Application example: Cybersculpture “Sker“

Anwendungsbeispiel: SKER

7,5 m diameter
2 m high
100% digital

Die spezielle Produktanforderung

The special product requirement

During one of his trips to Iceland, painter Peter Lang (pictured here on the left) came up with the idea for an absolutely extraordinary art project. Standing on a swaying boat, he looked down on a rugged lava island in the sea. Inspired by this landscape image with different colored sediment layers and their shapes, the sculpture Sker was created in his head.

Sker is a sculpture characterized by rugged shapes, a constantly changing play of colors and a rough, fibrous surface. The sculpture consists of several segments. Each of these segments is unique in itself, but only together do they create the image of this rocky island off Iceland.

But it is not only visually that Sker stands out. The artwork was completely digitally developed by Peter Lang and additively manufactured by FIT, but not in a factory hall, but live, directly at the exhibition venue, the renowned Sprengel Museum in Hanover. Dr. Reinhard Spieler, museum director and curator of the project explains:

"By printing a sculpture on this scale and using this technology, both the artist and the museum are entering absolutely new territory - no other museum has implemented such a project to date. SKER combines science, technology and art at the very highest level."

FIT Lösung

FIT solution

For the production of SKER, it was necessary to develop a completely new manufacturing process that makes it possible to create a real work of art from the artist's idea. A perfect use case for our Art Fabrication solution.

Working with Peter Lang, the design and technology experts at Additive Tectonics, a subsidiary of FIT, found a way for the artist to draw the work not on paper or canvas in 2D, but directly as a cybersculpture in a virtual 3D world. This digital twin was the template for programming two robots that interact in perfect harmony to autonomously produce the artwork in the museum's viewing hall. One robot is responsible for providing the material, which it has previously mixed exactly according to the artist's specifications. The second robot uses this material to produce the sculpture by extruding an endless thread of a fusible, 100% biocompatible wood granulate layer by layer (Robotic FDM). Not a single overlap occurs in the process. This is made possible by an algorithm developed by AT especially for this project, which controls the robot's travel path.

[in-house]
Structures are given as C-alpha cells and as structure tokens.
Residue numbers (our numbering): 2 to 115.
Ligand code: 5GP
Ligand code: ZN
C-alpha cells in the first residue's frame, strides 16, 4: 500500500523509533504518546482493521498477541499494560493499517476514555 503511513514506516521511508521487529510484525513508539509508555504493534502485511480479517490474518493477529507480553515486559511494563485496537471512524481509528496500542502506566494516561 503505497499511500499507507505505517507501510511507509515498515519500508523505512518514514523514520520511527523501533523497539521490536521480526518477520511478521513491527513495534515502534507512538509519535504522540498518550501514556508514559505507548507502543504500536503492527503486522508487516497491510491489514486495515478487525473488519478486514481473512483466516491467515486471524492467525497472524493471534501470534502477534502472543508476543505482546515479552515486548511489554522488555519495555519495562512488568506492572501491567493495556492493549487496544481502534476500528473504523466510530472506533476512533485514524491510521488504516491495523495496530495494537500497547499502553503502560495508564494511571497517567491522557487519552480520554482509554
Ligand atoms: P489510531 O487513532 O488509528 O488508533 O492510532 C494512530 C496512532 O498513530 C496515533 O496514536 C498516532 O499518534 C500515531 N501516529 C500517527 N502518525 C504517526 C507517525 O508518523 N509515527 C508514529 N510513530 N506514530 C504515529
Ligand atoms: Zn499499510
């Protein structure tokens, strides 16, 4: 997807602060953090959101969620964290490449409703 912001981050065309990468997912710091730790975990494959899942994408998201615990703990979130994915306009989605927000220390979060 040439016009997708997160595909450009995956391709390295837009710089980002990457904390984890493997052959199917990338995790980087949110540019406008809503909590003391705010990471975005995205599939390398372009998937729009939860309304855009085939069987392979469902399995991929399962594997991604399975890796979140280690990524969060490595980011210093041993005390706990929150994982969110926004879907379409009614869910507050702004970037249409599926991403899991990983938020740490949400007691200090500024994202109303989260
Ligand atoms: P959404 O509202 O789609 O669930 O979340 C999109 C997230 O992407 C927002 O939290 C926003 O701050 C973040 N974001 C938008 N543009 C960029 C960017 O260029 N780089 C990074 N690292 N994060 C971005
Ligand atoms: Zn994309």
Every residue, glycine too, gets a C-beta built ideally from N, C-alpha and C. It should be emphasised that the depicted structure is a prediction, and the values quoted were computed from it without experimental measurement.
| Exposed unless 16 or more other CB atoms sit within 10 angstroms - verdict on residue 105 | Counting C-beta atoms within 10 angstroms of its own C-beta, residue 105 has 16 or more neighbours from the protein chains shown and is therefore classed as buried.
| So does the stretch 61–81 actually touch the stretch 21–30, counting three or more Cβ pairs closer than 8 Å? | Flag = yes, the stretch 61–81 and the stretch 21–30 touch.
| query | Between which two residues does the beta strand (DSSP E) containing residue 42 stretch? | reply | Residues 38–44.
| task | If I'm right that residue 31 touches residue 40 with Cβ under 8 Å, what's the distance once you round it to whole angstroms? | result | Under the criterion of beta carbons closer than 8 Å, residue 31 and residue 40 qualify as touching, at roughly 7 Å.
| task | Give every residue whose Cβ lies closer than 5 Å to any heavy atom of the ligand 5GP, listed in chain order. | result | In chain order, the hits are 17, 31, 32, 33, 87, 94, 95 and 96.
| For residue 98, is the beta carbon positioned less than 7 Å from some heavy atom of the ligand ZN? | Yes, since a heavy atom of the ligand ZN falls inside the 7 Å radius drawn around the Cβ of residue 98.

Would you like to learn more about the technical details of the manufacturing process? Then we recommend our process use case, which explains the production of the artwork step by step.

Technical details >

Herausragende Eigenschaften

Outstanding properties

The collaboration with FIT and Additive Tectonics resulted in a work of art by Peter Lang that could

  • could only be produced with a specially designed 3D printing system.
  • Produced fully autonomously by two interacting robots live in one of the world's leading modern art museums.
  • is 100% digitally designed and manufactured, and
  • is sustainable because the material used is 100% biocompatible.

In this project, Peter Lang has pushed the boundaries of painting from 2D to 3D and found a new form of 3D printed sculpture. In FIT and Additive Tectonics, he found a partner who was able to implement SKER's vision in such a technically successful way that the result lived up to his high artistic standards.

"The history of an object can be read from its exterior. I imagine the viewer looking at the finished rock formation and wondering what story it tells and how they managed to get this structure to look like this." says Peter Lang. We’d like to add: "That’s the fascination of progress".

If you wish to express your artistic ideas in new ways, we would be happy to learn more about your project. Thanks to our experience and possibilities, you are in the best hands with us.

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